Most deals in biotech come with hefty upfront payments attached, and the promise of big biobucks if a program works out. Not this one.
Nkarta has struck what CEO Paul Hastings calls a “real collaboration” with CRISPR Therapeutics to co-develop and commercialize two CAR-NK therapies, in addition to an NK+T program. The duo will split all R&D costs — and any worldwide profits — 50/50, Hastings said.
“What we have here are two equal companies, two equal partners,” he told Endpoints News.
CRISPR has been hard at work over the last few years, using its gene editing tech to engineer cells from healthy donors into an attack vehicle for cancer. In October, the company announced that two of four patients given a specific dose of its CAR-T candidate for CD19+ B cell malignancies achieved complete responses (the results, however, were marred by the death of a patient in a higher dose cohort).
Nkarta believes natural killer cells offer advantages that T cells lack. Since they are part of the innate immune system, NK cells can identify and hit a broader range of targets presented on tumor cells, the company told Endpoints back in 2019. And because foreign NK cells don’t cause graft-versus-host disease, they’re an attractive target for allogeneic cell therapies.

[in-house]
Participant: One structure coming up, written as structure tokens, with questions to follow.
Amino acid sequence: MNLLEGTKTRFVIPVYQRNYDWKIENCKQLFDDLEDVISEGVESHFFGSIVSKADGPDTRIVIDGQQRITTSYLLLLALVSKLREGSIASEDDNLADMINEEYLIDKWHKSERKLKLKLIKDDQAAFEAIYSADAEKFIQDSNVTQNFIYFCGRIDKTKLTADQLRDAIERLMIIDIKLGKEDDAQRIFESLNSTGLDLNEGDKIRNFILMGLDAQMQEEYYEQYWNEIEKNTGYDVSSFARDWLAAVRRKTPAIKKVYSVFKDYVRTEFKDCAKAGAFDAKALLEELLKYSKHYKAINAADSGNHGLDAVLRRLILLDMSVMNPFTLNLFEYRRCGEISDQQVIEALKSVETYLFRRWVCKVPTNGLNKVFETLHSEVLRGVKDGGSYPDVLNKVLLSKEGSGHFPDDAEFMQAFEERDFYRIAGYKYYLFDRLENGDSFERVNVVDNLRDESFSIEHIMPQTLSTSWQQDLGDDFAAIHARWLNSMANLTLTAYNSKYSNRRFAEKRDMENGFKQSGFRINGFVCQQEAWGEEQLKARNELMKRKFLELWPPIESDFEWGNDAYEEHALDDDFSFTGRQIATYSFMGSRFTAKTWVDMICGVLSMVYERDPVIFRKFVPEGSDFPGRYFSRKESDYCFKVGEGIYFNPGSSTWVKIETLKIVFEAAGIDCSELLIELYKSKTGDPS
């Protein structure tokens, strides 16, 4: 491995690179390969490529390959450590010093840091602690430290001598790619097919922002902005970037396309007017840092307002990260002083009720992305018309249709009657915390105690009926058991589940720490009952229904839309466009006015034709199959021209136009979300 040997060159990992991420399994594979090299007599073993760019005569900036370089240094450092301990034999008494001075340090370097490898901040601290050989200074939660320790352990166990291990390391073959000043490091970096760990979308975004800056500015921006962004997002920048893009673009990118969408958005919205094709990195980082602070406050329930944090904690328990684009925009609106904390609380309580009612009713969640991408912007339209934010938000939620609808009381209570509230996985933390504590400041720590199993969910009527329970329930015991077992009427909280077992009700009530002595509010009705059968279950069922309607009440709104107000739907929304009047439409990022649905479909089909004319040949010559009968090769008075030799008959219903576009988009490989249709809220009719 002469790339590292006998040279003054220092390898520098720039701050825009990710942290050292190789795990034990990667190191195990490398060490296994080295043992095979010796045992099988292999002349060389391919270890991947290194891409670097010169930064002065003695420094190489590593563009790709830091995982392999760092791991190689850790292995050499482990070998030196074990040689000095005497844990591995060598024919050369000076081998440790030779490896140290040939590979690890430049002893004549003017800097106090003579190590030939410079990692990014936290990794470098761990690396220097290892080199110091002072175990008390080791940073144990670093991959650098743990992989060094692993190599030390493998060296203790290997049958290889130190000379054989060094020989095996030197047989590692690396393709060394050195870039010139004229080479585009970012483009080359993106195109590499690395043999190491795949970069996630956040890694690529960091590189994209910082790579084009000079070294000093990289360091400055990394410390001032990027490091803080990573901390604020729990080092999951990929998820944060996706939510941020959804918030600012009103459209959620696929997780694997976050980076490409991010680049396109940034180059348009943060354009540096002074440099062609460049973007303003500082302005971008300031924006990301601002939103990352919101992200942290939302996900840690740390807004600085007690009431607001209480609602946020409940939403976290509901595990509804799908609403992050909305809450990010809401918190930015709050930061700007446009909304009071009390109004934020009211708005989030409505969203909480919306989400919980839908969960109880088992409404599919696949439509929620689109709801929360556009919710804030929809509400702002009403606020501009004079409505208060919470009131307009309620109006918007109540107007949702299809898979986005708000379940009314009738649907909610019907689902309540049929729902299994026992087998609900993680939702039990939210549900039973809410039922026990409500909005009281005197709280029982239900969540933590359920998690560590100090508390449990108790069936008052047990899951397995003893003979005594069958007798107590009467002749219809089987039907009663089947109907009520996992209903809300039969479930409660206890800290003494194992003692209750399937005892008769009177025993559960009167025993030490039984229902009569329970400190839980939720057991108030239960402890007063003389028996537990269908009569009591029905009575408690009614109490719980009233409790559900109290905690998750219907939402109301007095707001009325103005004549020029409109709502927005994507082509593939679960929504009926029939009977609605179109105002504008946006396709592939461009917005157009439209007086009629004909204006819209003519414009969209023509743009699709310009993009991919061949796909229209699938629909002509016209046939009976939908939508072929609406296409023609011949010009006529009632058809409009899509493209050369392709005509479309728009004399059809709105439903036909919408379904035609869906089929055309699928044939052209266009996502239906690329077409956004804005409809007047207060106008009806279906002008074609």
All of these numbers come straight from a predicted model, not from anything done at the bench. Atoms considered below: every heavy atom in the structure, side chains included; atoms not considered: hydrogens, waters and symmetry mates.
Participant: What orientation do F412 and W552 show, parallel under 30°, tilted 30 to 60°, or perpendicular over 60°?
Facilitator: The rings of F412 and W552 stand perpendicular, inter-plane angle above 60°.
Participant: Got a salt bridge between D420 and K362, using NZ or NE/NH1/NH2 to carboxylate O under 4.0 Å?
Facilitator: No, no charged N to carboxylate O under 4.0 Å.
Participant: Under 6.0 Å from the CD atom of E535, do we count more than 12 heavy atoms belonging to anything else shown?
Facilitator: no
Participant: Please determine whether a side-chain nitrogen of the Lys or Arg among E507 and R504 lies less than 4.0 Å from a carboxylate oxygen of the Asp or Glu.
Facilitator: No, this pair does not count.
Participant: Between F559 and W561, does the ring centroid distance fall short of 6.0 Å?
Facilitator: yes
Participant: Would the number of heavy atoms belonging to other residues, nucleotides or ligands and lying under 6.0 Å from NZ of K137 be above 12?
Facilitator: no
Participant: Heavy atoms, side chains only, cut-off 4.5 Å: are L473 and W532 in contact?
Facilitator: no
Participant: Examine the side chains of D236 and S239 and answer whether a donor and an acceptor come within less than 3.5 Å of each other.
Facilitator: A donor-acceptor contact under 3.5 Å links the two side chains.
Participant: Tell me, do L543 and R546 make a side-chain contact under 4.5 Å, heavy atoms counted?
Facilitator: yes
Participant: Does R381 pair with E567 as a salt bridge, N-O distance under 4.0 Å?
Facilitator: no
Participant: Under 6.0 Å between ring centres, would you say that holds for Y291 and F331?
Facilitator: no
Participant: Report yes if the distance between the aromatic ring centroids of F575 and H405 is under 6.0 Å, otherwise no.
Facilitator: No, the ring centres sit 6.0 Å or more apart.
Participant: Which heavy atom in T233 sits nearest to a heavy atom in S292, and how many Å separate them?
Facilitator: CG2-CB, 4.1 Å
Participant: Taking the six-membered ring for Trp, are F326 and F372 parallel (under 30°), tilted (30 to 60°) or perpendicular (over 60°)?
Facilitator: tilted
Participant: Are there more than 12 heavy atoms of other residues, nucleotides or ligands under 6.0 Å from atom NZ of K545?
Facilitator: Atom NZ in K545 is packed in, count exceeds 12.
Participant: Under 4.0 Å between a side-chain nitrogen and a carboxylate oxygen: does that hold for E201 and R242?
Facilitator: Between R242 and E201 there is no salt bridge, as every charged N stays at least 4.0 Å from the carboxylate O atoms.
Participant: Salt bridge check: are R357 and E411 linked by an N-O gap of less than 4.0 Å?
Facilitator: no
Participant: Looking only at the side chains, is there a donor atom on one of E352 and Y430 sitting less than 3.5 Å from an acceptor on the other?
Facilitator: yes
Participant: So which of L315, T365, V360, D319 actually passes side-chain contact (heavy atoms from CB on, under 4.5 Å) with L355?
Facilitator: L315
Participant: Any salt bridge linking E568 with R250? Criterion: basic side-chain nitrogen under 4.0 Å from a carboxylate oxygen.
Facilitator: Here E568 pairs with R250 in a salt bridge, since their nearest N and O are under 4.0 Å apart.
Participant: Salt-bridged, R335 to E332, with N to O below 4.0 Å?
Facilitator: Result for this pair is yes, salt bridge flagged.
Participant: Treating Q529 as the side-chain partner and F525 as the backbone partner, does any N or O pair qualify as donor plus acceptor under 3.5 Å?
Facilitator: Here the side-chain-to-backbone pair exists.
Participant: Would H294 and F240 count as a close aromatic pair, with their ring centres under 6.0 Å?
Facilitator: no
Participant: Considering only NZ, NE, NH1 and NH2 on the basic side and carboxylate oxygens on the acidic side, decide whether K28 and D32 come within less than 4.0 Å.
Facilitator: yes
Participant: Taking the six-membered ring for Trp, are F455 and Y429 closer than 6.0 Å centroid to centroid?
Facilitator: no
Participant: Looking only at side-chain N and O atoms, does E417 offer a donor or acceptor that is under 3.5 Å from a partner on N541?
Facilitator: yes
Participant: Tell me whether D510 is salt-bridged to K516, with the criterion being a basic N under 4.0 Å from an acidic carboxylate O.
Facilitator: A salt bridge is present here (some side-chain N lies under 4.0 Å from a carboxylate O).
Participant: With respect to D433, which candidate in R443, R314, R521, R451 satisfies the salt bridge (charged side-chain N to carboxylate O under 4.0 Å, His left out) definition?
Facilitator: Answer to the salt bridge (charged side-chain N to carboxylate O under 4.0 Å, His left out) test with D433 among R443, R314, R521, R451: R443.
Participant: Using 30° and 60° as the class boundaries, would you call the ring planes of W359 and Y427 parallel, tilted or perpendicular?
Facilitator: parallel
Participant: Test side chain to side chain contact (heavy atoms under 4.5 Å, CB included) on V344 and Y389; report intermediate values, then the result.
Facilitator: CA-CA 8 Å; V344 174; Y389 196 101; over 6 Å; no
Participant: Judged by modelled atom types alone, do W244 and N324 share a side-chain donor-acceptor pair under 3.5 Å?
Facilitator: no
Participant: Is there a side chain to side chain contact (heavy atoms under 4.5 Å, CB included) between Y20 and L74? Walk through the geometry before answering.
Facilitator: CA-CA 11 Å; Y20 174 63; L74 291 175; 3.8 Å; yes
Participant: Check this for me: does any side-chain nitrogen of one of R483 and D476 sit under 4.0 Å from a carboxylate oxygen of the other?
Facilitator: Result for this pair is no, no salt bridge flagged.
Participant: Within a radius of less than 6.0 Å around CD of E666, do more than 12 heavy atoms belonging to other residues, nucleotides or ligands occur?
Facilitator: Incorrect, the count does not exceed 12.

“While we are bullish about our allogeneic CAR-T approach, we believe that NK cells can be an important part of future oncology therapies,” CRISPR CEO Samarth Kulkarni said in an email.
Hastings says CRISPR and Nkarta will start with a CAR-NK candidate targeting CD70 for a “bunch of different indications,” mostly in solid tumors. The target for their second CAR-NK program has yet to be revealed. And with the NK+T program, the companies will look to combine the short-acting, tumor-killing punch of NK cells with the longer-acting adaptive immunity of T cells.
In addition to those programs, Nkarta can license CRISPR’s technology to edit five gene targets in an unlimited number of its own NK cell therapies. For each non-collaboration candidate that includes a gene editing target licensed from CRISPR, Nkarta will owe the company milestones and royalties on net sales.
Nkarta, which had six employees when it launched in 2015, is now up to 110 staffers. Back in July, the biotech raised nearly $290 million in an IPO.
“This collaboration will speed up the research process to get future collaboration products as well as our own products into the clinic using a gene editing technology,” Hastings said. “That’s really the impetus, was to speed the research and development process as much as we could, and that’s what this technology will enable us to do together with our partners.”